Arizona, USA and Illegal Immigrants

Arizona’s law against illegal immigrants is probably more of an expression of frustration than a law than can be comprehensively enforced. There has been nationwide condemnation of the law, but at the very least, it has put focus back on the pressing issue of illegal immigration.

Part of the outcry against the law is that it will lead to racial profiling. But the racial profiling, in this case, is mostly due to the “accidental” circumstances; after all, practically all the illegal immigrants come from south of the Arizona border with Mexico. Profiling is inevitable, whether there is racial bias or not.

Arizona’s frustration is understandable, even if one regards the law as extreme. US policy on illegal immigration is presently ineffective, and in many ways ambiguous. After making allowance for refugee and guest workers status (however the exceptions may be determined), it is absolutely imperative that the United States adopts a hard, consistent policy that the country sticks to – inflexibly! This would include no more amnesties, no way for an illegal immigrant to to legalize his status from within the United States, and in all cases, after due process, immediate deportation. Other countries do it. Why don’t we?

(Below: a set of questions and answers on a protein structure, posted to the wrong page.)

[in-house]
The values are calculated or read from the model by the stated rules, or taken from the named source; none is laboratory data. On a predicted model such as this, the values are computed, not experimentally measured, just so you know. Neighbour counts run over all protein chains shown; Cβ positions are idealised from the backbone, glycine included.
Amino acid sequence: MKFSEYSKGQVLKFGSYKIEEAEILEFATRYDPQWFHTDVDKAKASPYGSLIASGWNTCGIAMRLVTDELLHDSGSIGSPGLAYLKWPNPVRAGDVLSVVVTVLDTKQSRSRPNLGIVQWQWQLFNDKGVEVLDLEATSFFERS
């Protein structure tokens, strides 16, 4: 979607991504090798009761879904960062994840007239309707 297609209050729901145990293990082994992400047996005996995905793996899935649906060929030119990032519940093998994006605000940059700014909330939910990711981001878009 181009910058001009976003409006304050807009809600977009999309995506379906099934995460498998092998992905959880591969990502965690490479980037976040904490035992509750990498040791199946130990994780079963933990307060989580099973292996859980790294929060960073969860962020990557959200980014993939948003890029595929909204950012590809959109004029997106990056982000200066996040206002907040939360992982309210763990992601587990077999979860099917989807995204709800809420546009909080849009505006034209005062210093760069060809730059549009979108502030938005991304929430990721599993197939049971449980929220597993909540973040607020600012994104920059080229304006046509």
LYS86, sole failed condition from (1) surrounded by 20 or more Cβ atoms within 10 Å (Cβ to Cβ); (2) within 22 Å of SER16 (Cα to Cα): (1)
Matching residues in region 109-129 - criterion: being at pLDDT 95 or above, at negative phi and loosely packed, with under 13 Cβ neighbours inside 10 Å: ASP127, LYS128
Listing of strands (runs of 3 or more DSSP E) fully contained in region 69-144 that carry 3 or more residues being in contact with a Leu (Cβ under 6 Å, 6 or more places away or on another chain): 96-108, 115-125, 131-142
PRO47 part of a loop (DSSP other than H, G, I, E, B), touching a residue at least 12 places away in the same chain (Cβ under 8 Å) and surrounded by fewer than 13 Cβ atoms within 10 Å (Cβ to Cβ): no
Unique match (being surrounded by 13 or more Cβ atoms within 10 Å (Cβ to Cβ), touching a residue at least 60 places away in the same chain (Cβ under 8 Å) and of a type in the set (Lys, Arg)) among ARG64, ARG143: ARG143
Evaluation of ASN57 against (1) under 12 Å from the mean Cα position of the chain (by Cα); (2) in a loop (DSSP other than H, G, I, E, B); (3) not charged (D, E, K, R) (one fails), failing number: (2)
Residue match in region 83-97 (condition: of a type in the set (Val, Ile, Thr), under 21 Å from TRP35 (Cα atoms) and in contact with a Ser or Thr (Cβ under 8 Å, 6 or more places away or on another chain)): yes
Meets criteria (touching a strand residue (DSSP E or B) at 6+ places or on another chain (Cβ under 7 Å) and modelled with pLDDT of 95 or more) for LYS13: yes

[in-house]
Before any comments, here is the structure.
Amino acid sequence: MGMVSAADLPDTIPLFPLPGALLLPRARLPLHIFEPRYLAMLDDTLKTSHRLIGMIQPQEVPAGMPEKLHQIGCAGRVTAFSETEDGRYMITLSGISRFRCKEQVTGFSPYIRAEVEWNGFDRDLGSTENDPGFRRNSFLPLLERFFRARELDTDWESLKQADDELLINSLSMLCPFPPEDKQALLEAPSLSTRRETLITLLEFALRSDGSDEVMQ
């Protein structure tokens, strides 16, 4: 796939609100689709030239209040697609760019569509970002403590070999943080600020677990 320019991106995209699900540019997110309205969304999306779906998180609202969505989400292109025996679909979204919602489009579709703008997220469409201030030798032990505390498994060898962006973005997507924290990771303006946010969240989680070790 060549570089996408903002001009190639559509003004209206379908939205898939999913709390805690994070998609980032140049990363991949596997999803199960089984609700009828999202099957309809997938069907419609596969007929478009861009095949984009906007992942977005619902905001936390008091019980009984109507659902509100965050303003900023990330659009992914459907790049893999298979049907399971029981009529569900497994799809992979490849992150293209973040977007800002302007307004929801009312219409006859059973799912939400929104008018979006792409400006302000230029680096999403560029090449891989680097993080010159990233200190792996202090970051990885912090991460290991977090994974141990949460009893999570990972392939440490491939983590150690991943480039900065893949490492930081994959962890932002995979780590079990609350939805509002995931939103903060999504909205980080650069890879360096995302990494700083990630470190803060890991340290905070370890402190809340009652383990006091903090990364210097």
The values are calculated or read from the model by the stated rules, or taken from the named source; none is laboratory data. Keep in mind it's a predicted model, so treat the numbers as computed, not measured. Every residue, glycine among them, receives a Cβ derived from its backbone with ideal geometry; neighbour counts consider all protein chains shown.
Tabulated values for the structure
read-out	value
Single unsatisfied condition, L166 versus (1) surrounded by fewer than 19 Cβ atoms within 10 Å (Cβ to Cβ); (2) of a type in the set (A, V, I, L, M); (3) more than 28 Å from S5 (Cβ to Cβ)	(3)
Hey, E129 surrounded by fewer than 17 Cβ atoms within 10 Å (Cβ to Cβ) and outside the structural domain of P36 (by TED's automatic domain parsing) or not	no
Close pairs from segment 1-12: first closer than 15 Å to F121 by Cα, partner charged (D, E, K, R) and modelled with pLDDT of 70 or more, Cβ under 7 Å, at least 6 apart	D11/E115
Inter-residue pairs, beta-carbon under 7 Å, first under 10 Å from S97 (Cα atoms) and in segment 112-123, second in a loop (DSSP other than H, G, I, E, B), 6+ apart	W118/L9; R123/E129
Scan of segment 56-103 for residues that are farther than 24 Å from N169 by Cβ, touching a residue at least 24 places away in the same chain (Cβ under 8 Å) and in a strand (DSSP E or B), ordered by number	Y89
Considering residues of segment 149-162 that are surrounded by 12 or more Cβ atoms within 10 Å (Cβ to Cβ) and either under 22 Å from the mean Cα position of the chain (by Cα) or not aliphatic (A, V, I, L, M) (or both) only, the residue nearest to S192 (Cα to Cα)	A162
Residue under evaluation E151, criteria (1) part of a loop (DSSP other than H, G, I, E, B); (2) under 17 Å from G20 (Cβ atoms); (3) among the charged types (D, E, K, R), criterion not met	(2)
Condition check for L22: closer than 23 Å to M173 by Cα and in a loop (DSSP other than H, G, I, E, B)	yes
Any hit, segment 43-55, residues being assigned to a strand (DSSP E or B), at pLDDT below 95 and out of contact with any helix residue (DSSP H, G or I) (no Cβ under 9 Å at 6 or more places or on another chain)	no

Take Australia, for example. Australia does have an advantage over the USA as regards immigration. The ocean forms a virtual moat around the country, but it still has its share of illegal immigrants, including a surprising number from the United States. Whenever the Department of Immigration identifies an illegal alien, after due process, that person is immediately flown out of the country back to his land of origin. There is no messing about as here with court hearings to see if he has bought a ticket, a situation that costs as much as a ticket and is nothing more than a waste of time.

If a child has the luck to be born in Australia and is therefore a citizen and the illegal parents are not, there is no way that the parents can stay. They are illegally in the country and have to be deported. They can leave the child or take him with them. (He will always have the citizenship in his back pocket, should he wish to return when he is older.)

The Department of Immigration discovered a Chinese family living a small town in conservative, rural Queensland. They were illegal immigrants and in due course, they ended up on a plane to Hong Kong, despite pleas from the residents of that town, for the family operated the town’s only Chinese restaurant. Since they were illegally in the country, there was no way that they could get their status changed to legal residency. The town’s people then followed the right procedure. They filled immigration applications, guarantees and sponsorship papers, and within a matter of months they were able to bring the family back to the town, now as legal immigrants. The town had a big barbecue for them and pretty soon, the Chinese restaurant was back in business.

Arizona’s move has signaled to the federal government that it is high time for real action. The government should look to other countries where there are immigration policies that work, some of the European countries and Australia for example, to help formulate a workable immigration policy.